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Internal Auditing within your Organizational Structure

Q

qualityboi

#1
We had two internal audit meetings cancelled by the MFG department (this is a very large department) to whom our department reports into. My first thought was to write a non-conformance for management commitment. However, the boss told me to lay off and let them re-schedule. It been a week and I have heard nothing. What should I do as an internal auditor, if anything?
 

Coury Ferguson

Moderator here to help
Staff member
Super Moderator
#2
We had two internal audit meetings cancelled by the MFG department (this is a very large department) to whom our department reports into. My first thought was to write a non-conformance for management commitment. However, the boss told me to lay off and let them re-schedule. It been a week and I have heard nothing. What should I do as an internal auditor, if anything?
Manufacturing needs to be considered. I agree, there really (in my opinion) isn't a non conformance, at least under Management Commitment. Elevate your concern, diplomatically, to the Top Management like the President or VP. At least let the Manager of manufacturing be aware that it could be escalated.

Use the "I feel" scenarios.
 

Randy

Super Moderator
#3
What do your audit program procedures say?

Are you sure of the committment thing or is it just the path of least resistance?
 
#4
Why should they support the audit? What are you going to do for them? Or, put another way, why are you doing the audit, because some schedule and procedure says you have to?

I'm still amazed, after over 15 years of training internal auditors, that some non-quality folks are expected to 'get it', about audits! Why should they? Did you do anything to sit down and plan and prepare your audit to be of value (and I don't mean heading off a non-conformity from a CB auditor) to the Manufacturing management?

If any of the answers to the above questions is anything like 'no', don't know', 'why?' or 'ISO says so', then you need to do something to answer the questions in a proactive, positive, action oriented manner, to gain their trust and support for the audit program.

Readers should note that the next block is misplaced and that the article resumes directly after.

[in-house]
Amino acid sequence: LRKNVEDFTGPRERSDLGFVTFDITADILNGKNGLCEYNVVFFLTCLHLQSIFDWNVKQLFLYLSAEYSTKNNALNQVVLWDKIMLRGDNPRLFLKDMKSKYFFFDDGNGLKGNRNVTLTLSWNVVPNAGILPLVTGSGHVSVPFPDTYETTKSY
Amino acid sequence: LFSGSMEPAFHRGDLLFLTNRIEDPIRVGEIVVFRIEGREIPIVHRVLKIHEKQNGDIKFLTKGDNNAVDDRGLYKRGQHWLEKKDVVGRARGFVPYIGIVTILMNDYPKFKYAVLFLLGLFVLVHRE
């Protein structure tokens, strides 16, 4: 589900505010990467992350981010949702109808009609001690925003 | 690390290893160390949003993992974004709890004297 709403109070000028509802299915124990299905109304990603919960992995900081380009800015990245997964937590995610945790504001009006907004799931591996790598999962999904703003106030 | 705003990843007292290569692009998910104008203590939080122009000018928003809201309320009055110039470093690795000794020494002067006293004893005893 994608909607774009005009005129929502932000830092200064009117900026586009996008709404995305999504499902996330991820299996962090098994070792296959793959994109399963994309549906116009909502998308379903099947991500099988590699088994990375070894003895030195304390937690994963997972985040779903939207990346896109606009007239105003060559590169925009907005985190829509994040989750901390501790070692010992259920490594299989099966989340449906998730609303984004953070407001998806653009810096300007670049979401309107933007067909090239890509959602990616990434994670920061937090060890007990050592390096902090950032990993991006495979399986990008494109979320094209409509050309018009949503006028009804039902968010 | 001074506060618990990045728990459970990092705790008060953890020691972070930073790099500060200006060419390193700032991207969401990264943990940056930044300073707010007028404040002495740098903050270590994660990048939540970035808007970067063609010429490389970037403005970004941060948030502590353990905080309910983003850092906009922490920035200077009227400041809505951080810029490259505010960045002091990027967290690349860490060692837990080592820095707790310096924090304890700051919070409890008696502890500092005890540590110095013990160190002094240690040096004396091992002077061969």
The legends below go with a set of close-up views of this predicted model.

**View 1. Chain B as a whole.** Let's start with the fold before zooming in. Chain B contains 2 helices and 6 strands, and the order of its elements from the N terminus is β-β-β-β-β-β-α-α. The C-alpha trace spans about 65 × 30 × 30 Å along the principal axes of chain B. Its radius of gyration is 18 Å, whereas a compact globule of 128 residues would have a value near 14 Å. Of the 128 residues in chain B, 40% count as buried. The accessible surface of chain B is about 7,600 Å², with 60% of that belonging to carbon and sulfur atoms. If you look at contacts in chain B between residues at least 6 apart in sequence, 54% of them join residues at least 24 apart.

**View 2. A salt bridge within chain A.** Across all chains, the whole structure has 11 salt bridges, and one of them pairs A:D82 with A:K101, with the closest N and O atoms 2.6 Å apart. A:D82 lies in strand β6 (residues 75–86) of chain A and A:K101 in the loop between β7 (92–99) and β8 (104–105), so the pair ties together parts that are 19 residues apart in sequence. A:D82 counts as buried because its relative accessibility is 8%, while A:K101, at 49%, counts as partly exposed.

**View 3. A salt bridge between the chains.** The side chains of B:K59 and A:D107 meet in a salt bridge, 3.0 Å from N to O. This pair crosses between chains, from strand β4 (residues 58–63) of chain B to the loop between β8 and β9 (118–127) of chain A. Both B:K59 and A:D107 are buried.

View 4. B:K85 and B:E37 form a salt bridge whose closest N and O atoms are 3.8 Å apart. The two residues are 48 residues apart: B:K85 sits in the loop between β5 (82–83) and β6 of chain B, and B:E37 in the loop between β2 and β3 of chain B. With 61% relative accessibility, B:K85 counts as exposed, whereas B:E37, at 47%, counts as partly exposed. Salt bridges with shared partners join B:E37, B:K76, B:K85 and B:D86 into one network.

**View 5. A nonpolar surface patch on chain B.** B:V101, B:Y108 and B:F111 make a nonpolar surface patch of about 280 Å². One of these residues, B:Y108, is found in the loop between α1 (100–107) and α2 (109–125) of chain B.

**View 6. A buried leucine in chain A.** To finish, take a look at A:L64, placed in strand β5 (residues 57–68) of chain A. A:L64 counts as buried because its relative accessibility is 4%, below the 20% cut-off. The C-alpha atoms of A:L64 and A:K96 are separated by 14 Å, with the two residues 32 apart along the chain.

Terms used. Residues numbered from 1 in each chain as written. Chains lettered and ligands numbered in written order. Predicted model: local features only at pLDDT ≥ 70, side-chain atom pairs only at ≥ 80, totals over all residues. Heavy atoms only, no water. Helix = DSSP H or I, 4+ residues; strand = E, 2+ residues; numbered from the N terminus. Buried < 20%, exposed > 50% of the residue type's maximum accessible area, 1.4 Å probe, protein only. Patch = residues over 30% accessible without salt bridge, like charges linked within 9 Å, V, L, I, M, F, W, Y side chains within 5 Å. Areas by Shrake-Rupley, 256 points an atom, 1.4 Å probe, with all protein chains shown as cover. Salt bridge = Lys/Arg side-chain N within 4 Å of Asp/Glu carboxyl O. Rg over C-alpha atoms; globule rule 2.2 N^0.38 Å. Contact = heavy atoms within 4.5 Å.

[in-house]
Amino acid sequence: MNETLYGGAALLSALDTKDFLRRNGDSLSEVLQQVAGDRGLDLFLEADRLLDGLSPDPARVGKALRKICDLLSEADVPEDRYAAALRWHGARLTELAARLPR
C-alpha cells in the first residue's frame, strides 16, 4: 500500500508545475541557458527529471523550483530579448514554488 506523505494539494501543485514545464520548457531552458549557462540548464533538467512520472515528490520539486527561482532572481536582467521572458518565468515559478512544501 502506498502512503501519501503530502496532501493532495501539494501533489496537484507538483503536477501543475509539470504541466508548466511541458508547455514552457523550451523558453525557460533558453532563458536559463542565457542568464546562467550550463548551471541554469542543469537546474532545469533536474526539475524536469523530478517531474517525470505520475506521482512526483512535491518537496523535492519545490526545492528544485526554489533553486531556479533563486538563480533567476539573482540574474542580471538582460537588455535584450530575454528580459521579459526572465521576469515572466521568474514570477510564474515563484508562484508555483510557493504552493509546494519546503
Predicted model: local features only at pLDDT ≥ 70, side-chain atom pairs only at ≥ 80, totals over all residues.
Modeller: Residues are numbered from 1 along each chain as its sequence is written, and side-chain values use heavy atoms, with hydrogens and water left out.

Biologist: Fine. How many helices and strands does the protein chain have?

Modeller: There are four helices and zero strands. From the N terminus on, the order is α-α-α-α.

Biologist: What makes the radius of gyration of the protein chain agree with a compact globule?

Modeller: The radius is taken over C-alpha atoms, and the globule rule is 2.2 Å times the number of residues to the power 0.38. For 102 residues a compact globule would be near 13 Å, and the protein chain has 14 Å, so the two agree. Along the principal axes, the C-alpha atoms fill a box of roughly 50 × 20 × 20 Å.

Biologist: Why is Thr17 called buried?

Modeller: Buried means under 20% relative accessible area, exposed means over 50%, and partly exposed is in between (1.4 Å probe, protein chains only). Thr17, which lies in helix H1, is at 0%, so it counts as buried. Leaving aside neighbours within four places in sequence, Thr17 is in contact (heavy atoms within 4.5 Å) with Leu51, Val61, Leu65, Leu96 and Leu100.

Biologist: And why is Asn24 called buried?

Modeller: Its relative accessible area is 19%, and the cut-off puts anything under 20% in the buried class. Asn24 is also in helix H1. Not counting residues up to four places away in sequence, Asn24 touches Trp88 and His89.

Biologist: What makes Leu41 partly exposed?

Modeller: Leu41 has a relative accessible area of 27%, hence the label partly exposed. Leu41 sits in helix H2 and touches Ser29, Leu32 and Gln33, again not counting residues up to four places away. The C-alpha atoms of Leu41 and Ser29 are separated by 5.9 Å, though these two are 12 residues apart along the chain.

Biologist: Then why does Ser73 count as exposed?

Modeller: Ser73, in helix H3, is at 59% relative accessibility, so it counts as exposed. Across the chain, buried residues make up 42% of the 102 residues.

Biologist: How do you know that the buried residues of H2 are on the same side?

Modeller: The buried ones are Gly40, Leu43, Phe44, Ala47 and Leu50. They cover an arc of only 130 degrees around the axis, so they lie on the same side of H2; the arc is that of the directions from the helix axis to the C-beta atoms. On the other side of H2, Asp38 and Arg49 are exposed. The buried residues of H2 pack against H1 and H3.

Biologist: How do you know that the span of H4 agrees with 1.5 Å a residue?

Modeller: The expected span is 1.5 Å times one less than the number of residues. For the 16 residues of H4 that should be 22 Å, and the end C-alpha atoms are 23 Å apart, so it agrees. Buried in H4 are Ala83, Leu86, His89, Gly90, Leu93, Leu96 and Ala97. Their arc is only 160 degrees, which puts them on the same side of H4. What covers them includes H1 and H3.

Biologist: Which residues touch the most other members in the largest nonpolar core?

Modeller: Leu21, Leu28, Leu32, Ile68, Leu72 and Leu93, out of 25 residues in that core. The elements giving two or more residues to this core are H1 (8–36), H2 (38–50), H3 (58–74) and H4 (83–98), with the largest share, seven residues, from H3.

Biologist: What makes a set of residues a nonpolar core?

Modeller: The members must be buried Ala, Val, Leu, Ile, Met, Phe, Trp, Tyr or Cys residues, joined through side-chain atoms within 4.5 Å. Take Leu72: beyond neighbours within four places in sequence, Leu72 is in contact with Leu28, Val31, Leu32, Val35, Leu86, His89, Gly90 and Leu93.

And then you need to deliver an audit result they can clearly articulate as having been of value to them - not what you think is beneficial, what they say it is!

Oh, this is not personal, just my observations of why internal audit systems fail (and let's face it, this is a failure) based on over 15 years of hearing and seeing the same things!
 
K

kdsaggi

#5
agreed with AndyN

The same thing is happening in my company also.

There is a rule for NCR that it should sent to Top Management after closing for final comments but last 9 year of my experience not a single NCR sent to Top Management. all NCRs saved with local Quality Head.

Manufacturing Head and Quality Head should not be friend in company.
 

Coury Ferguson

Moderator here to help
Staff member
Super Moderator
#7
Manufacturing Head and Quality Head should not be friend in company.
Why not?

Both groups or processes thereof are out for the same thing, to support the organization (company), to achieve customer satisfaction, to affect the bottom line ($$$). The mentality that continually puts everyone against one another annoys me. We (not they and me) all work for the same Company.

AndyN said:
Why should they support the audit? What are you going to do for them? Or, put another way, why are you doing the audit, because some schedule and procedure says you have to?
Because it will improve the business. To improve their processes.